The leaders of Audubon Charter School had their first official meeting exploring the possibility of creating a high school on Thursday afternoon, but they plan to begin the process slowly — starting with a survey of parents’ expectations for the project, while they think about how the endeavor changes their current offerings.
The creation of a high school has been discussed and debated in the Audubon community for years, and the most recent effort actually began 10 months ago, when outgoing board member Carlos Zervigon recommended the creation of a committee to explore the idea. Amid major ongoing issues during the spring with its current two facilities — a lawsuit stalling the renovations at the Broadway campus, and the major renovations needed at its “temporary” campus in the old Carrollton courthouse — it wasn’t until July that the board named a committee, with the goal of a first meeting soon after the start of the school year.
After the interruption of Hurricane Isaac and the damage it caused to the Carrollton campus, the high school committee finally had its first meeting Thursday, led by board chair Cornelius Tilton. The first question, posed by Montessori school director Dennis Smith, was about the breadth of support for the project.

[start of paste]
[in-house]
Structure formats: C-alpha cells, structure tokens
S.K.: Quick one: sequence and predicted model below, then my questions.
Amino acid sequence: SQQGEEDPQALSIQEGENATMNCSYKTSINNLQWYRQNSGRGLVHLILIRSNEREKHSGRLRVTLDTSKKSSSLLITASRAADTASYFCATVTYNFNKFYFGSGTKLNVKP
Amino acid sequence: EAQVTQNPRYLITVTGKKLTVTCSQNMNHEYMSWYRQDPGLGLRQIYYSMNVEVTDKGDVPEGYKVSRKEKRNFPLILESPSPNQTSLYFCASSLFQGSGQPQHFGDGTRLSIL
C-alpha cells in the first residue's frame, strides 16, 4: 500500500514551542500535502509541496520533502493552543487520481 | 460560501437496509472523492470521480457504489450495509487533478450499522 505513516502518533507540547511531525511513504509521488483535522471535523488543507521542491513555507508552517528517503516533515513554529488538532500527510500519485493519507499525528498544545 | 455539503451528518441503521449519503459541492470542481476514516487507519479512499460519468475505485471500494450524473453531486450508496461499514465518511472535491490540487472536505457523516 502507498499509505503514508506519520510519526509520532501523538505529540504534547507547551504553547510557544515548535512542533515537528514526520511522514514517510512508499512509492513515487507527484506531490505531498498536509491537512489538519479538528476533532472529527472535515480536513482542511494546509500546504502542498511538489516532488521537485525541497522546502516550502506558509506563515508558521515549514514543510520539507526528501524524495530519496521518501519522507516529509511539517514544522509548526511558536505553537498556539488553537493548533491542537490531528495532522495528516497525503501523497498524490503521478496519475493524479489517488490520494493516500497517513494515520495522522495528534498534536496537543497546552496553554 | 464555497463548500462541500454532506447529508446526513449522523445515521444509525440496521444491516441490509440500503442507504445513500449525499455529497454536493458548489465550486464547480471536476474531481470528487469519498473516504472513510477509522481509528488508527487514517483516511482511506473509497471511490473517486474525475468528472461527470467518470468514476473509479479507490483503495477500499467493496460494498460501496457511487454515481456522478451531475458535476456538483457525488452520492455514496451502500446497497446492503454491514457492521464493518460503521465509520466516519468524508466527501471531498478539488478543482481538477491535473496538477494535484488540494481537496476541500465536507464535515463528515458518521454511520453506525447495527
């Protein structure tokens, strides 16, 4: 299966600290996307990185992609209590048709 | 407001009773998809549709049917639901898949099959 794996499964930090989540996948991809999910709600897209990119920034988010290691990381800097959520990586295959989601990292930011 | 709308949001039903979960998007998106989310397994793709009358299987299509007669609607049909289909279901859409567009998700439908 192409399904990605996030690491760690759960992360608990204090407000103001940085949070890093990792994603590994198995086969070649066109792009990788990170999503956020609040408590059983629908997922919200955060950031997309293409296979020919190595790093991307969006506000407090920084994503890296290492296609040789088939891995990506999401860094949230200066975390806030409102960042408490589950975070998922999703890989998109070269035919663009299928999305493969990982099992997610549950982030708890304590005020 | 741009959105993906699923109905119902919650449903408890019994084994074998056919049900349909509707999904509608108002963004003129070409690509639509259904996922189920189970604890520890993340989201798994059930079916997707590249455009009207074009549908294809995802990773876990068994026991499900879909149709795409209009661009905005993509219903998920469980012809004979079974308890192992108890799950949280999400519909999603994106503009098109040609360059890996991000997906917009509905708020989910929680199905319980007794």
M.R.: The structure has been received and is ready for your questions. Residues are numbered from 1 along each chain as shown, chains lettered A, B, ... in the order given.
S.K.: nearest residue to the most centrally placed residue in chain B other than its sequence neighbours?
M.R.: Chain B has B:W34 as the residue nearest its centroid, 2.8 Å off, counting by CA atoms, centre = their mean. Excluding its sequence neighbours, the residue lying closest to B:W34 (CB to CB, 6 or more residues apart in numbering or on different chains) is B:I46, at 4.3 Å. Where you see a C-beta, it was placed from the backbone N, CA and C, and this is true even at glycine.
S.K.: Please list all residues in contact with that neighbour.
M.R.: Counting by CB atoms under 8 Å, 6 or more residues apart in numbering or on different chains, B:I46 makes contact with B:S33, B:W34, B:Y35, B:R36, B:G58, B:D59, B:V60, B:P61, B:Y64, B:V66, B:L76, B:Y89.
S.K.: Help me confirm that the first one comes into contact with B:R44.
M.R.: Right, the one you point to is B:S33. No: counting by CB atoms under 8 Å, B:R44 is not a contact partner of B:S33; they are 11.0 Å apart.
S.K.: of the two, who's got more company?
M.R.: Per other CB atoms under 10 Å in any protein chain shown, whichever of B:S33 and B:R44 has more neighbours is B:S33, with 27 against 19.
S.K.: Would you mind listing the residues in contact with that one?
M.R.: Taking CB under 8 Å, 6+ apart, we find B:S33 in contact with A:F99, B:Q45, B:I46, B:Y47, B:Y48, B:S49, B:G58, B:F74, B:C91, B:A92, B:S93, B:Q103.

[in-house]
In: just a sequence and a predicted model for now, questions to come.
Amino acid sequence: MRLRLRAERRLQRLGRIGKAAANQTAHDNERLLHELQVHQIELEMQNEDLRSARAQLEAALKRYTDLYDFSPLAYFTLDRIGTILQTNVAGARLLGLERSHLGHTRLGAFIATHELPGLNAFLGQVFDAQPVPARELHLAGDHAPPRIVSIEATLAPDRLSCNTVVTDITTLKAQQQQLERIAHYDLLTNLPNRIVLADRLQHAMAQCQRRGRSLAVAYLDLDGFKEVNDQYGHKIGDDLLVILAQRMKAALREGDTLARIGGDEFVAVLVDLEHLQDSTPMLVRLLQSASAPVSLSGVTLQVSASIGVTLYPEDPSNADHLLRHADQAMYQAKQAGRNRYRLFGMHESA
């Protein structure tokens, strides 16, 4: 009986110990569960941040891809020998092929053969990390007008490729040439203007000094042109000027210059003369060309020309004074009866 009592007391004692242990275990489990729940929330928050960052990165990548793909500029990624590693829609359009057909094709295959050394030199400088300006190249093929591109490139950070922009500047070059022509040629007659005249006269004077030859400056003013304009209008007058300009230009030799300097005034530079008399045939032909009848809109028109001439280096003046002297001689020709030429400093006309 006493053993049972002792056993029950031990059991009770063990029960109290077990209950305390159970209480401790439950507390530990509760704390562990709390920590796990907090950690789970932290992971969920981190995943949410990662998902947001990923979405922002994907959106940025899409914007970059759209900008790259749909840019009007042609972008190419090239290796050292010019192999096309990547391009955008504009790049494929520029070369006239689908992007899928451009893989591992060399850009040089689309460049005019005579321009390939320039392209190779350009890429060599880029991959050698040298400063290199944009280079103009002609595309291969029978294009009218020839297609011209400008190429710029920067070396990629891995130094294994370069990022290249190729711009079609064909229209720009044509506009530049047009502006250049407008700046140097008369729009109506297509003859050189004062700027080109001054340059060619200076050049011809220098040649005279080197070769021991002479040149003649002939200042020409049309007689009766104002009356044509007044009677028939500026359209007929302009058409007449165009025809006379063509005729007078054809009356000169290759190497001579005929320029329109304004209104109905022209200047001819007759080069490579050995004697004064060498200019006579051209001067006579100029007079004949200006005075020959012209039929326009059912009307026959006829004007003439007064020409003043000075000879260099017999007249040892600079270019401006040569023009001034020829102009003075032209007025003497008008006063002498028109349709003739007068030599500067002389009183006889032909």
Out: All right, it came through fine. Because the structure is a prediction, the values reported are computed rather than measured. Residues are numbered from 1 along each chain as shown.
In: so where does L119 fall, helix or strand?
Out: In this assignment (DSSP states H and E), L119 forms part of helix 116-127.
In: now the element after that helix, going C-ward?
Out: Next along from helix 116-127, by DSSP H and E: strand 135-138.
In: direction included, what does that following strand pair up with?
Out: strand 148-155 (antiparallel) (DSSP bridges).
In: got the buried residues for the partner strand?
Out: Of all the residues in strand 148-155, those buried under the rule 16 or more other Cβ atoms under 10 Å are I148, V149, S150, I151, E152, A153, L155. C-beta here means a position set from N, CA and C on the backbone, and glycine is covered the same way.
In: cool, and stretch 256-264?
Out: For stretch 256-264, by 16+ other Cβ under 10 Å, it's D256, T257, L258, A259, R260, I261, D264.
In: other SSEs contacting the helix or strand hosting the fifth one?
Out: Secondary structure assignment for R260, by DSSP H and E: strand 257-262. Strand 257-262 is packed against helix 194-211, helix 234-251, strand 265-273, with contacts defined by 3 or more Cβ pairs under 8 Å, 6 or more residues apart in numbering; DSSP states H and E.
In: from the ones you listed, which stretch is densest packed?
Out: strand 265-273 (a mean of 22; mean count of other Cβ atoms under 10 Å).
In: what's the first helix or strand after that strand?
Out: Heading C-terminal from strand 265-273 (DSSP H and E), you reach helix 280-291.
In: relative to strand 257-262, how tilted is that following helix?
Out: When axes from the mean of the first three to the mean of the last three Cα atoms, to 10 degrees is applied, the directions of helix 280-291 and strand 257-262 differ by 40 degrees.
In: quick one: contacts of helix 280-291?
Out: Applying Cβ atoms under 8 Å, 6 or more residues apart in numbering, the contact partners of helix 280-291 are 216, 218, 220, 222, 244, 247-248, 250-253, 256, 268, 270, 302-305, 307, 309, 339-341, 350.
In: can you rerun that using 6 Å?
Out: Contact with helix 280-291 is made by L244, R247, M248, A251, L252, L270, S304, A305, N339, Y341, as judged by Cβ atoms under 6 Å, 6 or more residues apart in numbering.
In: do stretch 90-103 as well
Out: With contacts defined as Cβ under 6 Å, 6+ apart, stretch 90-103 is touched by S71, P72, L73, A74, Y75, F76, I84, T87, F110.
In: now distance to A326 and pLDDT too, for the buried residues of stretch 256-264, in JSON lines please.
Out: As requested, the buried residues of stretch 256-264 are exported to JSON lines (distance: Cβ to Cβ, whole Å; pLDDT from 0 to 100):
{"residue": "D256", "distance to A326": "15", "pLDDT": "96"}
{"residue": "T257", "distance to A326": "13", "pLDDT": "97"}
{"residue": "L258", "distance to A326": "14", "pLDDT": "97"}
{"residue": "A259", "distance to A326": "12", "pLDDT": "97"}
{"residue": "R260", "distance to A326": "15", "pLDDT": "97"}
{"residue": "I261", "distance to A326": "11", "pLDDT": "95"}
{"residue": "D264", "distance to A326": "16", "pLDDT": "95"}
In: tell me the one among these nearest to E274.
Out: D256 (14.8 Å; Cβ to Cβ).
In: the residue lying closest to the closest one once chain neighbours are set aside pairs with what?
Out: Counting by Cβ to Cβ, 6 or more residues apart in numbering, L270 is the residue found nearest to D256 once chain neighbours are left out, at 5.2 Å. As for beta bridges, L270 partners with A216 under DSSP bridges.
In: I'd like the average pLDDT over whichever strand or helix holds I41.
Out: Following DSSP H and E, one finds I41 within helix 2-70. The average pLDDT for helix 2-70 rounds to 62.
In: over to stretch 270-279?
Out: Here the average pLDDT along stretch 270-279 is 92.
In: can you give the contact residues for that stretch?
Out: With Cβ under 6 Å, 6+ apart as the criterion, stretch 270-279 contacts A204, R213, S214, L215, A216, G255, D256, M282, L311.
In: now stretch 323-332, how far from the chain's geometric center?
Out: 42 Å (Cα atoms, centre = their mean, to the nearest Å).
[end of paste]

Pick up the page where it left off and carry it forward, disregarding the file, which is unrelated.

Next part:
“We may think people are just going to really want a high school, and we may find out that’s not the case,” Smith said.
The committee members agreed that a survey to define parents’ expectations is a good starting point, but Tilton added that many parents have made clear that a high school is a priority.
“It’s a foregone conclusion that this is a direction that we have been told that folks want to go in, on multiple occasions,” Tilton said.
Audubon currently has two programs, its French-immersion classes and its Montessori curriculum, both of which are fairly unusual in any schools. When they do exist, they are often private schools, and to find those programs at the high school level is even rarer — creating a unique challenge moving forward, the committee members said.
For the Montessori school, Smith said the first step is to increase the training in Montessori techniques for the middle school teachers, to serve as a bridge into the high school. To do that, he said, he has been speaking with Clark Montessori Junior High and High School, a grade 6-12 school in Cincinnati that was the first public Montessori high school in the United States.
“Montessori is a highly value based program,” Smith said. “We see it as a good thing to do to offer that at high school, to build on values that we encouraged when students were younger.”
The French school will have its own decisions to make, said director Elfi Cheynet. For one thing, the French high school system is structured differently than in America. Ninth grade is still considered middle school, and students have their first major end-of-year exam afterward. Tenth grade is a first year of general high school education, after which students choose one of three specialized tracks: science, economics or literature.